***** Persistent hypokalemia can impair urinary concentrating ability, cause intracellular acidosis (by inducing K+ to exit from cells, which is counterbalanced by a movement of H+ into cells [H+/K+ pump]), increase ammonia production, increase bicarbonate reabsorption (metabolic alkalosis), and alter sodium reabsorption. Ultimately, it can result in tubulointerstitial injury and fibrosis, referred to as hypokalemic nephropathy. Hypokalemic nephropathy might be reversible within one month after correction of hypokalemia

******Familial periodic paralysis is an autosomal dominant disorder characterized by transient episodes of profound hypokalemia caused by sudden abnormal potassium shifts into cells. Typically, a large carbohydrate meal or strenuous exercise triggers the attack with varying degrees of paralysis.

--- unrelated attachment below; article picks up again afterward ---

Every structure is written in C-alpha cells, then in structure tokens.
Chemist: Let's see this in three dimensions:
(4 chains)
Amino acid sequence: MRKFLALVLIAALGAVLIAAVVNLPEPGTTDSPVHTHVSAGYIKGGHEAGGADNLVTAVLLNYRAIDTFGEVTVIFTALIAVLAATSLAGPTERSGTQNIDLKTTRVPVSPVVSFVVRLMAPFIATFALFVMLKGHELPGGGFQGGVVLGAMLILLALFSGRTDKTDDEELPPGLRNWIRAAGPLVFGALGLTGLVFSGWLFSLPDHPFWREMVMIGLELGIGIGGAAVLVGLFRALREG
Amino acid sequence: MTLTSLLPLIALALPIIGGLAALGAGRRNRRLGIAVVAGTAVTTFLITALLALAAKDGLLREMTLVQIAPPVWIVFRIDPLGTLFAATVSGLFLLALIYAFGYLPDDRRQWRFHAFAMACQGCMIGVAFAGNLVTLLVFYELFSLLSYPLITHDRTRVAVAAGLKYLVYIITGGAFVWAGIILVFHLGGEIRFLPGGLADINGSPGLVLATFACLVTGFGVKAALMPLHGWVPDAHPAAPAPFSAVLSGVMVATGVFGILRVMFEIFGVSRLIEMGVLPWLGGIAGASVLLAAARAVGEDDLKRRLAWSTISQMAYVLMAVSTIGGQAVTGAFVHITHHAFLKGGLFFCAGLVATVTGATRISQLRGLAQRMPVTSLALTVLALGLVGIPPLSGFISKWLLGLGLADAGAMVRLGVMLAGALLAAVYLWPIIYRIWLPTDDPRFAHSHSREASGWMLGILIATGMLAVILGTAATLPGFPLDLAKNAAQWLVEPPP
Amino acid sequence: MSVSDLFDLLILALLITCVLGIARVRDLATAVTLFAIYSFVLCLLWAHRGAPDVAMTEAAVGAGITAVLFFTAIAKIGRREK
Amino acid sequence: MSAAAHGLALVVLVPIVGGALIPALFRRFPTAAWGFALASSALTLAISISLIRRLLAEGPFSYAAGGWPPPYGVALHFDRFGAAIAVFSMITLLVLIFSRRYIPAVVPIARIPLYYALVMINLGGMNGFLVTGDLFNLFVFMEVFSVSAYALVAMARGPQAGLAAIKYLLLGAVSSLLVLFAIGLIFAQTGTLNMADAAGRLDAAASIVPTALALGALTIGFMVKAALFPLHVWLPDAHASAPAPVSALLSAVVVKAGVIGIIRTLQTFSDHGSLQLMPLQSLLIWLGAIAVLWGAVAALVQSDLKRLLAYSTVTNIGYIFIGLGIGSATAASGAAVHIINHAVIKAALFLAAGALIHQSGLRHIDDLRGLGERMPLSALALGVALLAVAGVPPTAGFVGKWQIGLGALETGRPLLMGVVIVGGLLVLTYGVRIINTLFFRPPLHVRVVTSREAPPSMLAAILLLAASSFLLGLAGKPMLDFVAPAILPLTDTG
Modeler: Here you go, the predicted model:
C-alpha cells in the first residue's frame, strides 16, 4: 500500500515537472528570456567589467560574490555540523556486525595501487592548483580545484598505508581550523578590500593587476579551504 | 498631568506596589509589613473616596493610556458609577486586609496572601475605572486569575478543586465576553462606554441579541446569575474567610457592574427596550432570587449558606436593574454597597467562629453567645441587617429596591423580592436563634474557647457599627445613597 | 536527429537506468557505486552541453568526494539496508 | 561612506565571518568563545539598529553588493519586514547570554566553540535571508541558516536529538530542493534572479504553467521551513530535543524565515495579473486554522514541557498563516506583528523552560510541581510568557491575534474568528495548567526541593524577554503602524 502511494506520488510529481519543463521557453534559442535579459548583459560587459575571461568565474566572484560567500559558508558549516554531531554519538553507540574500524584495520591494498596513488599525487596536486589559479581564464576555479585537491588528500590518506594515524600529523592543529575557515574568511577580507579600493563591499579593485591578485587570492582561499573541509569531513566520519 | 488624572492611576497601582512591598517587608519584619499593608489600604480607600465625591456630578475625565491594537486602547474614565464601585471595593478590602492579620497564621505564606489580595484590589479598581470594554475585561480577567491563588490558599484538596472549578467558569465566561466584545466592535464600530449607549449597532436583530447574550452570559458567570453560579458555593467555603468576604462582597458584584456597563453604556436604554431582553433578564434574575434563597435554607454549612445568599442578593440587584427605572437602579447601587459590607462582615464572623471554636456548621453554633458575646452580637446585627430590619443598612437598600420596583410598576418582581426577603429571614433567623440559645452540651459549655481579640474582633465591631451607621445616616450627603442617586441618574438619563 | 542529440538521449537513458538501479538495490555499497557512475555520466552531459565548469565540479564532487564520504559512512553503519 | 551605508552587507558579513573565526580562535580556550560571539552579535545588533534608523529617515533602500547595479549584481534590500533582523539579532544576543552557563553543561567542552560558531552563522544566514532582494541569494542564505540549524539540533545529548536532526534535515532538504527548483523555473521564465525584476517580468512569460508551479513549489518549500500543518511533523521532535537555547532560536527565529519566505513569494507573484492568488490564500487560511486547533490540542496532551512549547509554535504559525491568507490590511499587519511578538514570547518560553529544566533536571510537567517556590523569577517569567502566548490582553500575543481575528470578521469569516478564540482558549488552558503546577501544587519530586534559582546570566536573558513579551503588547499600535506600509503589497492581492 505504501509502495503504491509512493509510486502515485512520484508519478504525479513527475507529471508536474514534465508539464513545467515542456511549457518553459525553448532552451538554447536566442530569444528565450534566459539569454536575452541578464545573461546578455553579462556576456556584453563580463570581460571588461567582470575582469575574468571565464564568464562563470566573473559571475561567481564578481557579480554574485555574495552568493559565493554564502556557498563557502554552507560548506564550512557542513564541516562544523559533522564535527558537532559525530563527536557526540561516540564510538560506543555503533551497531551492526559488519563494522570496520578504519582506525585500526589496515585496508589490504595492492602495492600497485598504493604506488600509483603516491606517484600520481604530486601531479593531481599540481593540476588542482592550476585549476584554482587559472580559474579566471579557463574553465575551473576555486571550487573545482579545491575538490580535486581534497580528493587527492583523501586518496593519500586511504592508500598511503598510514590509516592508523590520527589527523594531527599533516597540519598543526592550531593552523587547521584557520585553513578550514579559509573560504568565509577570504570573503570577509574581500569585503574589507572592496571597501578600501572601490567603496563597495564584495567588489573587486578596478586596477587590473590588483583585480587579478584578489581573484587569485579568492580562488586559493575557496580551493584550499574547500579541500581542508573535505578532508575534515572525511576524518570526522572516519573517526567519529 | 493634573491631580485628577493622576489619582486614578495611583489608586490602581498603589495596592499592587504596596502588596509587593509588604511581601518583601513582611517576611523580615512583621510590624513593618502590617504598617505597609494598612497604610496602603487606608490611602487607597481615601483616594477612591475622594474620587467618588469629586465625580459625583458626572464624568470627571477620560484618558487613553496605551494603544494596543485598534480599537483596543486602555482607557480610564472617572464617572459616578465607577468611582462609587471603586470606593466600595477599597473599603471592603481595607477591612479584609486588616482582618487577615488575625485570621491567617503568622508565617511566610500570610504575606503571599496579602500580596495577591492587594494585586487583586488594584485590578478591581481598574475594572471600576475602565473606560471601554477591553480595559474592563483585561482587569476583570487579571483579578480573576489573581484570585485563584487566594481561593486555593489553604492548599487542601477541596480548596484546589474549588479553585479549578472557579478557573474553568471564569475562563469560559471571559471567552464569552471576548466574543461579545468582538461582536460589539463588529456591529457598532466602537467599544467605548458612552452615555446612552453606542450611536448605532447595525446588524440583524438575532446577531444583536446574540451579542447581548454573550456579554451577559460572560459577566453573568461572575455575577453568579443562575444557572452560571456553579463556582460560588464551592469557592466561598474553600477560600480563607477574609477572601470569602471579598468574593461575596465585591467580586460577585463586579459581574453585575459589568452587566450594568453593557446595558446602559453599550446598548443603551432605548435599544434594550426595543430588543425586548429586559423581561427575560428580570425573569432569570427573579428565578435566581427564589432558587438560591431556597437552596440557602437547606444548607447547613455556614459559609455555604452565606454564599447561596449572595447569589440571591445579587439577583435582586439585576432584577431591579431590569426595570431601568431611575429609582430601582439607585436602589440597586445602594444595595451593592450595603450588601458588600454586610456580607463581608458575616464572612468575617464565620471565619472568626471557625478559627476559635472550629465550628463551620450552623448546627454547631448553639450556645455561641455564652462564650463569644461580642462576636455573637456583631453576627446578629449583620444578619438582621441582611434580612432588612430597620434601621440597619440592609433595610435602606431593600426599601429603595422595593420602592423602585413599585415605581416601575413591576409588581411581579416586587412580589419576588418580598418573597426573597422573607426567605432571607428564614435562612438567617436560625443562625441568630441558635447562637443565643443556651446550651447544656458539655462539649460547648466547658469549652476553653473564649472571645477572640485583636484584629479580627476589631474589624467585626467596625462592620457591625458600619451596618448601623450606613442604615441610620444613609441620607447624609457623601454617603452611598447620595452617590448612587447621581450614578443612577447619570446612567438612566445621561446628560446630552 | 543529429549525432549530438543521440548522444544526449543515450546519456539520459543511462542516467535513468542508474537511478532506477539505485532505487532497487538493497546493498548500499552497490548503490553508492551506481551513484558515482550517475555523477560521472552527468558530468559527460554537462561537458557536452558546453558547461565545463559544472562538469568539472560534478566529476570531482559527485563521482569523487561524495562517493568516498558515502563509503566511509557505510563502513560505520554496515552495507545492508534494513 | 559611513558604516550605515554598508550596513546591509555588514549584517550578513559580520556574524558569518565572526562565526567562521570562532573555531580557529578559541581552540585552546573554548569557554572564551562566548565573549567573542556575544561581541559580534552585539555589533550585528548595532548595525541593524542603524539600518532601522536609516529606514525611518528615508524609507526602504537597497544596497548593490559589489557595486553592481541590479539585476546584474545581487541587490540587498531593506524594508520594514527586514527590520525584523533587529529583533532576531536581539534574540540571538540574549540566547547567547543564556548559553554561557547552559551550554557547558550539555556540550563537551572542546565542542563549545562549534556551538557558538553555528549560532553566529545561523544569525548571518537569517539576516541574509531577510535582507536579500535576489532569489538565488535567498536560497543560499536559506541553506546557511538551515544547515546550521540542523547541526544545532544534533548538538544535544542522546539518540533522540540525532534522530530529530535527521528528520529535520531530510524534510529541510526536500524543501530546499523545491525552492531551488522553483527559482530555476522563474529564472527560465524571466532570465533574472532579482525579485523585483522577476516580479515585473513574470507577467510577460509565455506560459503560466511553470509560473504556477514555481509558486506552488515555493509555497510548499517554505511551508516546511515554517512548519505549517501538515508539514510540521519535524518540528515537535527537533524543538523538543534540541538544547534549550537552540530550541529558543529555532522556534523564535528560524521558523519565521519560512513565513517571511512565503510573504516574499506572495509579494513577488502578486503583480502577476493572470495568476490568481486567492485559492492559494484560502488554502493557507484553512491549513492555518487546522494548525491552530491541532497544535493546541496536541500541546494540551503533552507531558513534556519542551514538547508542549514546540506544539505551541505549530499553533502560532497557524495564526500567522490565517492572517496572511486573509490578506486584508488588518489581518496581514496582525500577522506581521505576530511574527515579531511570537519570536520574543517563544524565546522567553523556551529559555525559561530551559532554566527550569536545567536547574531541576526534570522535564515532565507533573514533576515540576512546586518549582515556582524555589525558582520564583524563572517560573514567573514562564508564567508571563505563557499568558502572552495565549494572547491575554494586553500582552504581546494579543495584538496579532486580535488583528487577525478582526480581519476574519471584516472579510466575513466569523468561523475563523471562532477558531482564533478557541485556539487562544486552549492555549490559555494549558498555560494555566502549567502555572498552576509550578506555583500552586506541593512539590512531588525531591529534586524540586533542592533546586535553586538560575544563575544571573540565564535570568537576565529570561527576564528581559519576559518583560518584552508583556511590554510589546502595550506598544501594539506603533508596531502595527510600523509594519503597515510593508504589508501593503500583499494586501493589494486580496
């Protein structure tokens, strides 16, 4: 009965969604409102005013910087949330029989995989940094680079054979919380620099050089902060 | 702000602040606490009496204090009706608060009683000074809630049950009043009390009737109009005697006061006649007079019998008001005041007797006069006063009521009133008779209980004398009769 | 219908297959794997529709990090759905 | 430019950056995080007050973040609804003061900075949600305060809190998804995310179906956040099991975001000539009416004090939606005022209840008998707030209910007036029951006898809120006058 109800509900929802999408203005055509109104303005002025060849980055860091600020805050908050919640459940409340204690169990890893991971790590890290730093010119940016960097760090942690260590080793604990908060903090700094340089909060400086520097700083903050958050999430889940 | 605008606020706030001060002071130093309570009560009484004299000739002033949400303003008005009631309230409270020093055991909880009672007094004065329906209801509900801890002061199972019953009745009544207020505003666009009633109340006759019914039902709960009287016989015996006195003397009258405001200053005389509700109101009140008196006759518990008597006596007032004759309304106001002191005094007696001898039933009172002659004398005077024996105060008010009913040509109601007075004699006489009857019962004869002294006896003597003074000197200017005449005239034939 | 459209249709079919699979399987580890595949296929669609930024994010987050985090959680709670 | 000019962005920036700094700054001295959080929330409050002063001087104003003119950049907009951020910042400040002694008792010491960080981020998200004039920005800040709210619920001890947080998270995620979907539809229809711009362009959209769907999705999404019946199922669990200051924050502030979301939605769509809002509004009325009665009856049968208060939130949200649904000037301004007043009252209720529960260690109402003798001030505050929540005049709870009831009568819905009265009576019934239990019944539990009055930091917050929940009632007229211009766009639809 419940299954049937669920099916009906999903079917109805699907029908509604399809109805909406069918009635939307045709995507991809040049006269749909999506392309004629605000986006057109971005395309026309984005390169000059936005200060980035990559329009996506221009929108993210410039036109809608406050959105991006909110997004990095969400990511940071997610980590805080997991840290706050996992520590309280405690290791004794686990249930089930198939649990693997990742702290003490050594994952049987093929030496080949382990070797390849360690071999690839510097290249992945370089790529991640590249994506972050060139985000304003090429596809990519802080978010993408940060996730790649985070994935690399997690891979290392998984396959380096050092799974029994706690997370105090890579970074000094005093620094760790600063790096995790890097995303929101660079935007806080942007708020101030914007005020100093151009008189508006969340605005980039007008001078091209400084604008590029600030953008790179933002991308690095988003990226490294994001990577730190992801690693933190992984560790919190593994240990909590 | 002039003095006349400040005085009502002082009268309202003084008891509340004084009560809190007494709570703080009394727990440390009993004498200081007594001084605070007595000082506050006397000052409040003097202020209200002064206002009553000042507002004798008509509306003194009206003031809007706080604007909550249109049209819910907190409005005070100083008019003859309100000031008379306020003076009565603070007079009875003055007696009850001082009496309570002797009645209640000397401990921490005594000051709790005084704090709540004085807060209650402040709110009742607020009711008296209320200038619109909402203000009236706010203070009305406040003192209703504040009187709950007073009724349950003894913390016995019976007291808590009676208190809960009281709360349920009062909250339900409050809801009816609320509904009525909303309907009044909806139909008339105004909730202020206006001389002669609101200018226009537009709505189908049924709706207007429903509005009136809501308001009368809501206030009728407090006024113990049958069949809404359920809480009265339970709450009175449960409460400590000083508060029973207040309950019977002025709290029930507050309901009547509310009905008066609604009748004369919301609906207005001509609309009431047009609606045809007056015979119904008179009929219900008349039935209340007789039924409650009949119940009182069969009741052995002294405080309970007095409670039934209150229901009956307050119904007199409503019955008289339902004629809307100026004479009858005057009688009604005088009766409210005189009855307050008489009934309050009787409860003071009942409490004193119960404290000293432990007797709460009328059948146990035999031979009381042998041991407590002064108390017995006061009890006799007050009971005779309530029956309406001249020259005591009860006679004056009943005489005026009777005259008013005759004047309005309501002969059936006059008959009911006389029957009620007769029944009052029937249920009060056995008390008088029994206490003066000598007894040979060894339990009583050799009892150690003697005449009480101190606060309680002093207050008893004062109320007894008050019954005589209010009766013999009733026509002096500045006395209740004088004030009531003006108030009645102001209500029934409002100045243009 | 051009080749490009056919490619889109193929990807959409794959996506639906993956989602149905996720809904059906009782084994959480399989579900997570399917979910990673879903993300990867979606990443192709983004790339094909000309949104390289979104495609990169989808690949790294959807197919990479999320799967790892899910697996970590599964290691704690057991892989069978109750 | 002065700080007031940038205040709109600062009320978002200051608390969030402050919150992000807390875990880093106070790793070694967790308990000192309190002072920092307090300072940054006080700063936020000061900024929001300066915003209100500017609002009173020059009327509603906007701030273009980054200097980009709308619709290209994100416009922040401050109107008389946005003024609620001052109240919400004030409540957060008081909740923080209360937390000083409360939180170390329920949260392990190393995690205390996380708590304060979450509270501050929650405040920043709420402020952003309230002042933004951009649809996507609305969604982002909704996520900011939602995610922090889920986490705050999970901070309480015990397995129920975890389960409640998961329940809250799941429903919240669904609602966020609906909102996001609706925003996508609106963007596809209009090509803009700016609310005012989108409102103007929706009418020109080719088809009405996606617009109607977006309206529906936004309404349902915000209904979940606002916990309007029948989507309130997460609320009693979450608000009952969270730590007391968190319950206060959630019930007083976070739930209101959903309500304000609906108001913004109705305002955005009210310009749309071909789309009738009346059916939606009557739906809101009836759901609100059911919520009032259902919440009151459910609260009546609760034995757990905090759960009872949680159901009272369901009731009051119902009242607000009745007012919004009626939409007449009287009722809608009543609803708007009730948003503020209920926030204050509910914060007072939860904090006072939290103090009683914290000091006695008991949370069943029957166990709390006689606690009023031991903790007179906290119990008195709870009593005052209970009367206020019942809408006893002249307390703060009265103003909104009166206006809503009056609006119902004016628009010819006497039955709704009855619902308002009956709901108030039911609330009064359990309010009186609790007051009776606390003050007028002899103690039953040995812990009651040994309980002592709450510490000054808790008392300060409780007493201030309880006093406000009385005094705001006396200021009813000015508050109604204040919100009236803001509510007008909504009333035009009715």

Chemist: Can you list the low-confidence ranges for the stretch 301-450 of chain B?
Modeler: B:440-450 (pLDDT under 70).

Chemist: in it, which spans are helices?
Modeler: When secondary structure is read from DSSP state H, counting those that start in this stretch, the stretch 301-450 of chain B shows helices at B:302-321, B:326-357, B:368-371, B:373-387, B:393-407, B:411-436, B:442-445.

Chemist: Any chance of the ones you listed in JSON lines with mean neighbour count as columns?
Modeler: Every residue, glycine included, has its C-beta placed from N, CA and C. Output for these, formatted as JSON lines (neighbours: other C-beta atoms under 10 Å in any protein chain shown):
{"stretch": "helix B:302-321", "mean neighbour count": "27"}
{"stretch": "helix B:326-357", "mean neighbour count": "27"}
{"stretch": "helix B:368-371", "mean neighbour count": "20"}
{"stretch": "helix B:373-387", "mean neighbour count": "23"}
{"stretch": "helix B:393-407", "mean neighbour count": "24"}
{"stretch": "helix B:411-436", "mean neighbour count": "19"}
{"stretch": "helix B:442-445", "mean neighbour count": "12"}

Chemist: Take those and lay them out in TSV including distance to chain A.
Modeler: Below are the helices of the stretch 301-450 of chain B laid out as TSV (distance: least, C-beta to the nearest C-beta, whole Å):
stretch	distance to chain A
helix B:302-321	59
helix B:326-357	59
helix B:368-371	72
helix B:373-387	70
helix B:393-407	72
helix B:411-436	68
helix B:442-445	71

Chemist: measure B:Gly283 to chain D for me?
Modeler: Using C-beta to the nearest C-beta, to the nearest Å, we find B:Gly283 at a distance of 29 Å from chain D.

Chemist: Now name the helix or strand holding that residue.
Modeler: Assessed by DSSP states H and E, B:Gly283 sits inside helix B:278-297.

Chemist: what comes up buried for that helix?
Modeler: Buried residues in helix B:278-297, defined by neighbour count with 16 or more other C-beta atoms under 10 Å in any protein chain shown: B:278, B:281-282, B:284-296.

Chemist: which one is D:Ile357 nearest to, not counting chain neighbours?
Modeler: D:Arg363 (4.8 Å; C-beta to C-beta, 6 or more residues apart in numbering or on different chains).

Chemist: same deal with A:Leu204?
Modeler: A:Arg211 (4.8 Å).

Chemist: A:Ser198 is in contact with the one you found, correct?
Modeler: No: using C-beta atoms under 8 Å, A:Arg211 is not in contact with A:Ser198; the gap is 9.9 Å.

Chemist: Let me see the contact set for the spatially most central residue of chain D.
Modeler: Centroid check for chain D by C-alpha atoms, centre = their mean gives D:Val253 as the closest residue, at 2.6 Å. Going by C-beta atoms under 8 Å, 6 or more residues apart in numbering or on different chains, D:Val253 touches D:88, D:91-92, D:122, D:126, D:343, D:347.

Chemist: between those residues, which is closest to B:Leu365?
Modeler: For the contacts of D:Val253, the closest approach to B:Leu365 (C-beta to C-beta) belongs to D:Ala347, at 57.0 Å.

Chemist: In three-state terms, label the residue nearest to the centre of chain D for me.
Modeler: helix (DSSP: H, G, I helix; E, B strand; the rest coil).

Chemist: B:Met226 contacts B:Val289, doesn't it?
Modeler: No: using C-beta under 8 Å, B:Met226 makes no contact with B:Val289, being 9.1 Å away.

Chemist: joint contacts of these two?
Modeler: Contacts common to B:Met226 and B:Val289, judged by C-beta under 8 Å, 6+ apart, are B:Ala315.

Keywords:

hypokalemia, hypokalemic nephropathy, periodic paralysis, renin-angiotensin-aldosterone system (RAAS)

References

UpToDate:
Causes of hypokalemia in adults 

                   Evaluation of the adult patient with 

                          hypokalemia

                   Clinical manifestations and treatment of 

                         hypokalemia in adults

                   Hypokalemia-induced kidney dysfunction